Post-War Disjunctions in Domesticity: America, the Family and Gothic in the Bioshock and Fallout Videogame Series
The distinctly American notion of Homely Gothic has been the subject of constant revision, adapting to the shift in where and how people live, and the way in which they defend this bastion of safety and symbolism. From Nathaniel Hawthorn to Cormack McCarthy, the American family has always been the subject of assault, invasion and violation, from both without and within. The modern American family, a symbol of the nation’s purity and assured future, has its origins in the Post-War era of nineteen-fifties suburbia, a time of re-settlement and socio-economic optimism. Videogames, in their re-staging and transplanting of historical period, have returned to the aesthetics of this era, creating imagined horrors with which to superimpose upon the American family: its evacuation of a disaster-ridden area or its substitution by a monstrous double.
The architectural elements of nineteen-fifties Post-War America have been rendered by these game series as a paranoia-inducing Gothic plan. Fallout and Bioshock selectively recycle telltale period imagery and ideas: retro-futurist town planning, a fanatical fear of both Communism and U.S governmental intervention, taking these recognisable Post-War problems and placing them within the games’ own unique post-disaster science-fiction settings. Both games suggest, through their presentation of purposefully antiquated in-game soundtracks lifted from the jazz and music hall of the twenties and thirties, a loss of social innocence found in these earlier times: where the now Post-War America cannot shed the spectre of war and warfare, where the persisting military-industrial complex now influences the technology of the home and its role in serving the family. Fallout 3 suggests a world where before its nuclear catastrophe, miniature tank-like robots operate household electrical machinery: sweeping carpets and mixing cocktails, draining the human capacity for self-rule and instead promising housewives an almost Stepfordian existence. The technology of war is endlessly reconfigured, finding an outlet in every aspect of Post-War family life: from Bioshock’s finger-pointing fire Plasmid useful for lighting cigarettes and gas hobs, to Fallout 3’s simulation of a Chinese Communist invasion of the U.S, which presents instructions on how to survive such an attack. Similarly, Bioshock’s underwater world of Rapture consists of the exploratory ideals from the twenties and thirties, corrupted by the Post-War need to suburbanise its population through military science. The architecture of Rapture, a combination of Art Deco and Jules Verne-inspired Steam Punk has been ruined by the military industrial regulation of the family, producing monstrous role models through the combination of advertisement and its Plasmid economy (a sort of period version of Deus Ex’s biomod system), disrupting the normative relationships between family members through genetic augmentation.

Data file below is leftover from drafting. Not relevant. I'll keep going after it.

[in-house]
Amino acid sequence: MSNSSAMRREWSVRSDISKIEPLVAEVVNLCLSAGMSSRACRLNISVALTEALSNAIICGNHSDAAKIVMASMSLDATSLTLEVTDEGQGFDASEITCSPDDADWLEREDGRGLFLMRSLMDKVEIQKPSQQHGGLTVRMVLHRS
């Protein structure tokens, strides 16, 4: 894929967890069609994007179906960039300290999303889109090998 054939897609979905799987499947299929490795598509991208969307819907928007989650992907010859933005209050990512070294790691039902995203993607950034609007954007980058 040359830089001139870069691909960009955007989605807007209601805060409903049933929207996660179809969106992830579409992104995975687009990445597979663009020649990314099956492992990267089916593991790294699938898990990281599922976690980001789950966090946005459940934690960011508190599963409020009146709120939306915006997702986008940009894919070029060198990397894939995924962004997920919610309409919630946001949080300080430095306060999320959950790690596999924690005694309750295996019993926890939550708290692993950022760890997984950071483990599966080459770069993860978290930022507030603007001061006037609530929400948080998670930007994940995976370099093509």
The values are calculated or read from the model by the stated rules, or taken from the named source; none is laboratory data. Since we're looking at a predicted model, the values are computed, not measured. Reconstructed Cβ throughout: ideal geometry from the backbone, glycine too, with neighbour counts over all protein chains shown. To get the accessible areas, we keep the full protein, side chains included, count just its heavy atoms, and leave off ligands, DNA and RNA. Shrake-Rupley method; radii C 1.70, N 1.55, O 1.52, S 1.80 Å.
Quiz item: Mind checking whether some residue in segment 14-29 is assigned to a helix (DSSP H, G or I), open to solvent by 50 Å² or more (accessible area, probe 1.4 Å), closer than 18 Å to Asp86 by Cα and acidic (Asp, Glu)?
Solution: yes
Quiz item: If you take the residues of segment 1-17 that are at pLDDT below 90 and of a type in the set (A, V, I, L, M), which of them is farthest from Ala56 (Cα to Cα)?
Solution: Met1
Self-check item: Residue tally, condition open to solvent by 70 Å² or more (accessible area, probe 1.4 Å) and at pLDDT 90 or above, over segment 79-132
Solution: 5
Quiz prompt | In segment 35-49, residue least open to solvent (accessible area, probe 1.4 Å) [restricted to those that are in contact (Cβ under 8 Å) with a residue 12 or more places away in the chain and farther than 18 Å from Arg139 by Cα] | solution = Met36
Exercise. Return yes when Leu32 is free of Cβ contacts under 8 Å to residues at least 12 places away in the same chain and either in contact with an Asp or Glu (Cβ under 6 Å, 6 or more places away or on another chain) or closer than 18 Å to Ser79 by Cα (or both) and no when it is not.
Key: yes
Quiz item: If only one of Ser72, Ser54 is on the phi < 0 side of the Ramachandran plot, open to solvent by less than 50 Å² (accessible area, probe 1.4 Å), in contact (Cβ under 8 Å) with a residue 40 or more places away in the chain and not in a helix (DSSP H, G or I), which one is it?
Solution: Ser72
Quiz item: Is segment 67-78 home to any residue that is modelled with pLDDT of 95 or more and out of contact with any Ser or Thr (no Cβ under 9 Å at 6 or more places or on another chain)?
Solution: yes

“Are you as good as my daddy? Not if you don’t visit the Gatherer’s Garden you’re not!”
In Fallout 3, the American family has been substituted by the products of the military industrial complex entirely. Set in and around the iconic American city of Washington D.C, familiar locales such as the Library of Congress, the White House and the Washington Memorial stand amongst a city abandoned in the aftermath of nuclear war. The suburban home, endlessly idealised and romanticised by the in-game television and radio broadcasts is itself left in similar ruin, the irony of a dream undone by the very promises of symbolic and economic safety it offers. Into Fallout’s disjunction between family ideals and realities is the player, a wasteland wanderer in search of his father. Beginning in the womb-like safety of the underground Vault 101, the game’s ultimate task is to venture topside and reunite with your father, to reclaim the family you were once part of. The first years of your life, played in a flashback of sorts, document defining family events: your first baby steps, your twelfth birthday, and the bonding of American father and son over a game of baseball. After leaving the vault, it is revealed that other topside survivors are doing the same: attempting to re-establish the ideal family upon the wasteland surface. The Brotherhood of Steel, suited in wartime metal suits, but with the superhero optimism of Post-War children’s fiction (think Superman or Buck Rogers), have carved out temporary safe-zones in D.C through military domination and occupation, as interim bases before full topside re-colonisation can begin. Lacking both the protection of the mother and the instruction of the father, the Brotherhood of Steel are an unguided force, childlike but with immense power, a monstrous double of the American family they are attempting to re-create. This rapid and often violent sense of re-creation and re-attainment is only partial: the stitches in the social network reveal its monstrous omissions. Democracy, the system which elects the leaders of the nation, is now not regulated by the electorate, the family members whom it supposedly represents and serves, but instead by a full-blown militaristic uniform, devoid of the hierarchy of these very family members themselves.
, much like Bioshock, demonstrates how the excesses of America’s wartime Military Industrial Complex overflow into Post-War family life. These videogames show how militaristic science, in its social and commercial guises, either distort or double the family. Through their use of the first person perspective convention, they put the gamer in the shoes of the orphan, the figure with the absent father and the mother that died before they knew her, representing the violation of American domesticity through technology.
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